finding-community-resources-for-elderly

As a caregiver to an aging adult, rest assured, at some point you’ll need to find a geriatrician, an adult day program, or the like. Happily, there are loads of Federal, state and community agency programs and services geared to seniors -- it’s just a matter of knowing where they are. To help you zero in on great community resources for elderly folks and their families, we’ve come up with a few ideas.  

211 Telephone Service

In the search for community resources, one of the smartest strategies is to pick up the phone and dial 211. Information resource specialists can connect you to up-to-date information about senior resources like home health care, Meals on Wheels, and income support programs.

Aging Life Care Professionals

Another good way to find community resources (especially if you are a long-distance caregiver) is to hire someone who can manage care for your loved one and come up with a long-term plan. Aging life care professionals, who often have a background in gerontology, social work or nursing, are typically connected to a whole host of relevant professionals like real estate agents, senior move managers and elder law attorneys. These experts are sure to connect you to the services you need.  

Associations and Other Professional Organizations

You can also find experts who work with older folks and their families through professional associations and organizations. For instance, the Aging Life Care Association can direct you to a local  aging life care professional, while the National Academy of Elder Law Attorneys can help you land a lawyer specializing in elder care law. The American Psychological Association has a handy psychologist locator -- just plug in your city, choosing Aging as the area of specialization. To find a financial planner familiar with estate planning, check out the Financial Planners Association. Finally, if your parents plan to downsize, the National Association of Senior Move Managers (NASMM) would be an ideal association to tap into.

Community and Senior Centers

One simple way to find out about what’s going on in the community is to check the boards at  community centers, where you’re apt to see countless flyers advertising  programs for all age levels.  Of course, to target programs for older adults, make your way down to the nearest senior center or independent living community.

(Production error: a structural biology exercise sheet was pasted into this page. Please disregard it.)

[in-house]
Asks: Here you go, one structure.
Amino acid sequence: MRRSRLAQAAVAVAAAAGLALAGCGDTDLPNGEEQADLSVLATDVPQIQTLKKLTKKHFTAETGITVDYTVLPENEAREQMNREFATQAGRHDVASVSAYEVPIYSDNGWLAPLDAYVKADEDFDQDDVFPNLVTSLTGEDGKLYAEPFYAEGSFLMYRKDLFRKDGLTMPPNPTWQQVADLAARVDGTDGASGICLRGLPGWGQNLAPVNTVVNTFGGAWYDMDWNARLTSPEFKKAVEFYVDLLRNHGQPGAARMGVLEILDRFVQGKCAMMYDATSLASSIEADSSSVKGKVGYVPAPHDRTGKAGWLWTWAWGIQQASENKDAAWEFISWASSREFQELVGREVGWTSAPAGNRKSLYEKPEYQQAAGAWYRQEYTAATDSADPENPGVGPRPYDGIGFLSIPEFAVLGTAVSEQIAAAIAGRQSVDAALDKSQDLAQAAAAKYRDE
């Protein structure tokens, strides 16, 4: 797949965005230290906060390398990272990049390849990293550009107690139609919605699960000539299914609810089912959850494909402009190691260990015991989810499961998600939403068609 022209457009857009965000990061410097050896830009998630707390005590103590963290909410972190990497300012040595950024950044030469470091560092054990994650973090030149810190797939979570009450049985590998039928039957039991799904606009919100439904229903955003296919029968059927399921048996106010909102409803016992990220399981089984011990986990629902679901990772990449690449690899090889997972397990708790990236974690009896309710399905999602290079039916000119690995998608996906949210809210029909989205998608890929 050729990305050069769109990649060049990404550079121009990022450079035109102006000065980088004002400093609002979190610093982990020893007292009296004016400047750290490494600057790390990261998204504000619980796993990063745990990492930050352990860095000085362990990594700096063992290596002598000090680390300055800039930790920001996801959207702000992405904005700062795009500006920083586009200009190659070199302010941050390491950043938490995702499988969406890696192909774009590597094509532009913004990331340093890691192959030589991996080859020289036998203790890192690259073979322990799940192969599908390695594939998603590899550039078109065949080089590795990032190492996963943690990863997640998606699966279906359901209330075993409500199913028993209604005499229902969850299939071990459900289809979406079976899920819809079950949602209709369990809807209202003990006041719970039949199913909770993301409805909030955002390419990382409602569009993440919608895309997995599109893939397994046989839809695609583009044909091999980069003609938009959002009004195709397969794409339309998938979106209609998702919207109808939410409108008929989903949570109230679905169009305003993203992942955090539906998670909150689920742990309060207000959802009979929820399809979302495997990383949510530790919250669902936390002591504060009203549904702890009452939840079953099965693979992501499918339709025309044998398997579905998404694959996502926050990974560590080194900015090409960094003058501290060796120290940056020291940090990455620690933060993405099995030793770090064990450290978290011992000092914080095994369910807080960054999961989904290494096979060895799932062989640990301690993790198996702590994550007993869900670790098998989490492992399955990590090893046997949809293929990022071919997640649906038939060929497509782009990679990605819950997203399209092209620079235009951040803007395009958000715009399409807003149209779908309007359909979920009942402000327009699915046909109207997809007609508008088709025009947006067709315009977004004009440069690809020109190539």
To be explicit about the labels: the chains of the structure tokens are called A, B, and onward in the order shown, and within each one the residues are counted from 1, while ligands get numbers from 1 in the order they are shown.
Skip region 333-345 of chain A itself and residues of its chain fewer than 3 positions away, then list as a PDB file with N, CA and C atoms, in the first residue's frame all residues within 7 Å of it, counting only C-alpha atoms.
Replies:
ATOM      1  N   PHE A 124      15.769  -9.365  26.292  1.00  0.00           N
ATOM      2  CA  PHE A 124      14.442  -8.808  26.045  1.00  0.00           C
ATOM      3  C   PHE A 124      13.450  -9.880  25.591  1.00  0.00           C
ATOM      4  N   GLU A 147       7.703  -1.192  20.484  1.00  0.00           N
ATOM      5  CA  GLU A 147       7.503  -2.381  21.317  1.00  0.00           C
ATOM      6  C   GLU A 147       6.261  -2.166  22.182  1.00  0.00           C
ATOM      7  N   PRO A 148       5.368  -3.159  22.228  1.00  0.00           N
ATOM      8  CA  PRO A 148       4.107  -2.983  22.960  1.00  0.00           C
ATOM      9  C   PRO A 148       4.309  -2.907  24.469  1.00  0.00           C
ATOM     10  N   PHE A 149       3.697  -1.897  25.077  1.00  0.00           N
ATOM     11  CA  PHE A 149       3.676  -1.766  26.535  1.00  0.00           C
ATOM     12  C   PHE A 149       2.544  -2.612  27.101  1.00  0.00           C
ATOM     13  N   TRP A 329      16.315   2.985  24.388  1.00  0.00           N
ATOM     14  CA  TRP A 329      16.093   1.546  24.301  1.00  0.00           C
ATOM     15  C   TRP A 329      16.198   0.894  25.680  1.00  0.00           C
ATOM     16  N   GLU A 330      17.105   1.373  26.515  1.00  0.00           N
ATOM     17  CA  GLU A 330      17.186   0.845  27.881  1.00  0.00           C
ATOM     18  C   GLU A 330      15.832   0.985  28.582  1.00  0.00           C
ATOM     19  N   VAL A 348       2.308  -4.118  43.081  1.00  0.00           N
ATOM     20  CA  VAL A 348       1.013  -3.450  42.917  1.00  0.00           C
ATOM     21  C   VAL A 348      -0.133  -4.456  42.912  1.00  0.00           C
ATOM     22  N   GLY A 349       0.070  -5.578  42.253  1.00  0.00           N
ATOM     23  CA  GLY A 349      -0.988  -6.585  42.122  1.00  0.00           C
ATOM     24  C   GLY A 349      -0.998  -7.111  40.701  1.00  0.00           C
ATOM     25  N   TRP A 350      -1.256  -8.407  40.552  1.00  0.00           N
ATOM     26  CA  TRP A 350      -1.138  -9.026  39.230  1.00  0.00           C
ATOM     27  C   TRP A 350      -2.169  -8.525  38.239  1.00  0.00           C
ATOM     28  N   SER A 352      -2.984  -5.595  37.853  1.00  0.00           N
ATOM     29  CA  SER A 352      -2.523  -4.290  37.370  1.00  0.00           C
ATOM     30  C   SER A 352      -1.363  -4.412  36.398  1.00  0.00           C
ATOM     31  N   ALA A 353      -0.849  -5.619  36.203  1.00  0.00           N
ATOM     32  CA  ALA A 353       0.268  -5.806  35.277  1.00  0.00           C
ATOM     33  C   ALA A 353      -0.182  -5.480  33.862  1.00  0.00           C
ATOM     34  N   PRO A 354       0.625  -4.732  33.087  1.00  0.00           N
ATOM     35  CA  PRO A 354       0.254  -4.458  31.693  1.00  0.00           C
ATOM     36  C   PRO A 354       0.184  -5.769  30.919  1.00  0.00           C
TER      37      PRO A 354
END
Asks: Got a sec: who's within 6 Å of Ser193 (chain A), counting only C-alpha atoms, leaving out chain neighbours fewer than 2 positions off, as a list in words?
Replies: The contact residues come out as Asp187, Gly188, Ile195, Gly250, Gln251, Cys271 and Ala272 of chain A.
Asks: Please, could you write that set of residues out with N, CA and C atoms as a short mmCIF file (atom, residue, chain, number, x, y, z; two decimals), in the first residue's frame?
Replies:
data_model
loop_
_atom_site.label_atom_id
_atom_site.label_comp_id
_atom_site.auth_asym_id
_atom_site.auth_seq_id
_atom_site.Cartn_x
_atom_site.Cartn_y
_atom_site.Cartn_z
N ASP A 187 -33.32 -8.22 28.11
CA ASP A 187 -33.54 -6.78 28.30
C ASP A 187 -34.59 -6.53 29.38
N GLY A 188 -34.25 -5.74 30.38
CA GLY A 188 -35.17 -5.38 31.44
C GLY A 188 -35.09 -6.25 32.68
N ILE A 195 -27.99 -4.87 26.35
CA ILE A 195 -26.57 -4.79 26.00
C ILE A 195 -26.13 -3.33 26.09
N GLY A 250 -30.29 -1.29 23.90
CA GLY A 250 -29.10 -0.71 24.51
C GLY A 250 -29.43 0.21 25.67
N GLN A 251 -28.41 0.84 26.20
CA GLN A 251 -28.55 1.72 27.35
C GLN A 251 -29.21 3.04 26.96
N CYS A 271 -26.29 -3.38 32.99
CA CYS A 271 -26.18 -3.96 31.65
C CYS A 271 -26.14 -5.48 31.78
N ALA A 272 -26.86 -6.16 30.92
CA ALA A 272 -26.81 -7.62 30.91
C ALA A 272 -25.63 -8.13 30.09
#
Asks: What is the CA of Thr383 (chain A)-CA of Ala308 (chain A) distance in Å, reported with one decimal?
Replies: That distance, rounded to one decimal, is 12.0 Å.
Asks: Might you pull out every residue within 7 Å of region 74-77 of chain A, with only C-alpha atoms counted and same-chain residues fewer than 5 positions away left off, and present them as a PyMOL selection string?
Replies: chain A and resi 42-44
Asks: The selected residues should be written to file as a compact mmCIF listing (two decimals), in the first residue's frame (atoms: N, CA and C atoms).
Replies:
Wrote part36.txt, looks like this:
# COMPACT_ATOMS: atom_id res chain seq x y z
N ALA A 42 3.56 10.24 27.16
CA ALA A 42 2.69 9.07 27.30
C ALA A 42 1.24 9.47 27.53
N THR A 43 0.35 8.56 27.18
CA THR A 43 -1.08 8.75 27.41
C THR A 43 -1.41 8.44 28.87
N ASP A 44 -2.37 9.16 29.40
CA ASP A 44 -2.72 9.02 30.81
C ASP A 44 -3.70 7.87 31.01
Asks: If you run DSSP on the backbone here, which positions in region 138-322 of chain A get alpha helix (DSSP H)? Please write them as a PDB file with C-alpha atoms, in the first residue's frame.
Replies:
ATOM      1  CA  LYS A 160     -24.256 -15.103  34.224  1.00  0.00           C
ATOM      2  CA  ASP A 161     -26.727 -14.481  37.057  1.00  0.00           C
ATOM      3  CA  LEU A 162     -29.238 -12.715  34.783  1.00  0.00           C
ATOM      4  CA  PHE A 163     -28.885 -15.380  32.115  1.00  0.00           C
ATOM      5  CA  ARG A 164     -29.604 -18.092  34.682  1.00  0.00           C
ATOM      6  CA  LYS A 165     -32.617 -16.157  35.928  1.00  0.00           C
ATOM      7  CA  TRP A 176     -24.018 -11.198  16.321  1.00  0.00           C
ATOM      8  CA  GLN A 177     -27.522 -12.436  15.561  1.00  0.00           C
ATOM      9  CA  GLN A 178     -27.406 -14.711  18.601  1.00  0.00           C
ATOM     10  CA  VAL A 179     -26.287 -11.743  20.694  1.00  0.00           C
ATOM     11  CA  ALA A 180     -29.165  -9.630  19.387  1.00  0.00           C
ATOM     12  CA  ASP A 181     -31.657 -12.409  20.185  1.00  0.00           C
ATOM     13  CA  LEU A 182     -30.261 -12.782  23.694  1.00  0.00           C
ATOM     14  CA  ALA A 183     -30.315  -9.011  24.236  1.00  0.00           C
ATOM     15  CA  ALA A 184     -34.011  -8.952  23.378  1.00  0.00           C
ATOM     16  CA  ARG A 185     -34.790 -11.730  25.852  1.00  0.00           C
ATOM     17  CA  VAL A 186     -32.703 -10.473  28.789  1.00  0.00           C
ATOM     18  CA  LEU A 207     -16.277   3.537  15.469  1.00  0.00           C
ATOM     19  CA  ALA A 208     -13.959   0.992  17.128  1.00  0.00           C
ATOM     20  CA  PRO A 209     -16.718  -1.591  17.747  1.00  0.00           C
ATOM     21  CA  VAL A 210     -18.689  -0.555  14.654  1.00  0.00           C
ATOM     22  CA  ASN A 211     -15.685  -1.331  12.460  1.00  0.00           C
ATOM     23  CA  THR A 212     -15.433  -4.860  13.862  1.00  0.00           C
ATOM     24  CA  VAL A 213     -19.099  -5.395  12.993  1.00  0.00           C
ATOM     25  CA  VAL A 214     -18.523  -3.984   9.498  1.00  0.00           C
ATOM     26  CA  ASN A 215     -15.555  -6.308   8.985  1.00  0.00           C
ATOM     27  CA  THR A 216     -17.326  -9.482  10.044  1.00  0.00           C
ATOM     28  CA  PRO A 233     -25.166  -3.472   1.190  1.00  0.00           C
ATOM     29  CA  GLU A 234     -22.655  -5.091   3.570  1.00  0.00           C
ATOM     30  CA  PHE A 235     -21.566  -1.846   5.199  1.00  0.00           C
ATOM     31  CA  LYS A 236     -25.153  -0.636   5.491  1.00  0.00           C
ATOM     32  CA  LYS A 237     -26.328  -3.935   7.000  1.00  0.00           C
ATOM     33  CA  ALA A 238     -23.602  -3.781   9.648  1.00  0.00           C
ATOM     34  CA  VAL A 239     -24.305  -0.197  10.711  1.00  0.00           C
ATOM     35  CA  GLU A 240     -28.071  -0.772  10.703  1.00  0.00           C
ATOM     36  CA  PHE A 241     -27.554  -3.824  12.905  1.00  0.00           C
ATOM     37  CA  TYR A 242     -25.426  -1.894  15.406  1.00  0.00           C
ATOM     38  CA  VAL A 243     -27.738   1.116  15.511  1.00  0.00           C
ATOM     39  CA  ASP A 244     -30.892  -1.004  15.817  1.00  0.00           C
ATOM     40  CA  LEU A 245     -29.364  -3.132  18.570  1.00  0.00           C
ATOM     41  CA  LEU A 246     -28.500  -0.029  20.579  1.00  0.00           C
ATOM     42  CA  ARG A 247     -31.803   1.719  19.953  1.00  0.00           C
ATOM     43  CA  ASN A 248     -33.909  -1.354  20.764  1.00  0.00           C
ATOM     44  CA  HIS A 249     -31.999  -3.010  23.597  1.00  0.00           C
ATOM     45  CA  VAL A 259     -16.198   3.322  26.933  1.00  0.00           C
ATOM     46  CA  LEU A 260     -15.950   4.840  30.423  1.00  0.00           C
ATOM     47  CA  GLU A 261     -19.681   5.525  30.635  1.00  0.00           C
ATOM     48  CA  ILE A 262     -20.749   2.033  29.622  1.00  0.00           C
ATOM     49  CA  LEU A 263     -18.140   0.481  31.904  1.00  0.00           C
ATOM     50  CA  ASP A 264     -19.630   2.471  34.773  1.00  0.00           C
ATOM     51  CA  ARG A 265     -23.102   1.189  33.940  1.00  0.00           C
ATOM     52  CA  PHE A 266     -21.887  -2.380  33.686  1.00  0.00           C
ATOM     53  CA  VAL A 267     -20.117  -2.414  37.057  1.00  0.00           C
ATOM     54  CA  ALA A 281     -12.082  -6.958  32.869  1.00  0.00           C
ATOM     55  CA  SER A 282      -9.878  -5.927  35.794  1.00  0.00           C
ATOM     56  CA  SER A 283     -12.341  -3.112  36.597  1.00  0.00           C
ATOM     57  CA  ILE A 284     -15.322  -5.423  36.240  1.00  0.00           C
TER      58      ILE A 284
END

Friends, Neighbors and Acquaintances

Friends and neighbors can be one of your biggest allies when it comes to sourcing services for the elders in your life. In fact, you may come across several “finds” through word of mouth, like the sister of a friend who can make lunch for your mother, the lawyer who helped your neighbor draw up a power of attorney, or the handyman recommended by three ladies at your place of worship.

Government Agencies

Information about long-term care options is ample on the U.S. Department of Health & Human Services website, including a link to Benefit Finder, a site that locates relevant state benefit programs, and Elder Care Locator, which can guide you through the maze of long-term care options. This site also tackles retirement planning and elder justice and can point you to resources in your state.

Health Care Organizations

Chances are very good that your Mom or Dad’s doctor can direct you to some excellent health-related resources. In addition, if one of your parents has been hospitalized, the hospital social worker can inform you of beneficial services. Likewise, if they live in an assisted living community or skilled nursing facility, staff can inform you as to what care is already available onsite and help you track down practitioners who will go out to the community to, say, give foot care treatments or massages.

National Council on Aging

One way the National Council on Aging fulfills its mission to improve the lives of older adults is through the BenefitsCheckUp website. After answering some online questions, this site lets you know about a few of the more than 1,650 public and private benefits programs that can help pay for your parent ‘s prescription drugs, health care, in-home services, utilities and other needs.

Senior Care Counselors

Finally, consider reaching out to a senior care counselor at a senior living community in your area to find out whether there are options available there for your family. From community events, classes, and activities to respite care to full-time senior living, independent senior living communities and assisted living communities have many resources to offer to the elderly.

Think we’ve overlooked a great way to find community resources for families like yours? Let us know in the comments section below!

Are you concerned that your parent or other elderly loved one may be at risk for or already experiencing age-related cognitive decline? Click below to download our free guide, Home for the Holidays, and get useful conversation tips and suggestions to help you evaluate their health and safety this season.

 

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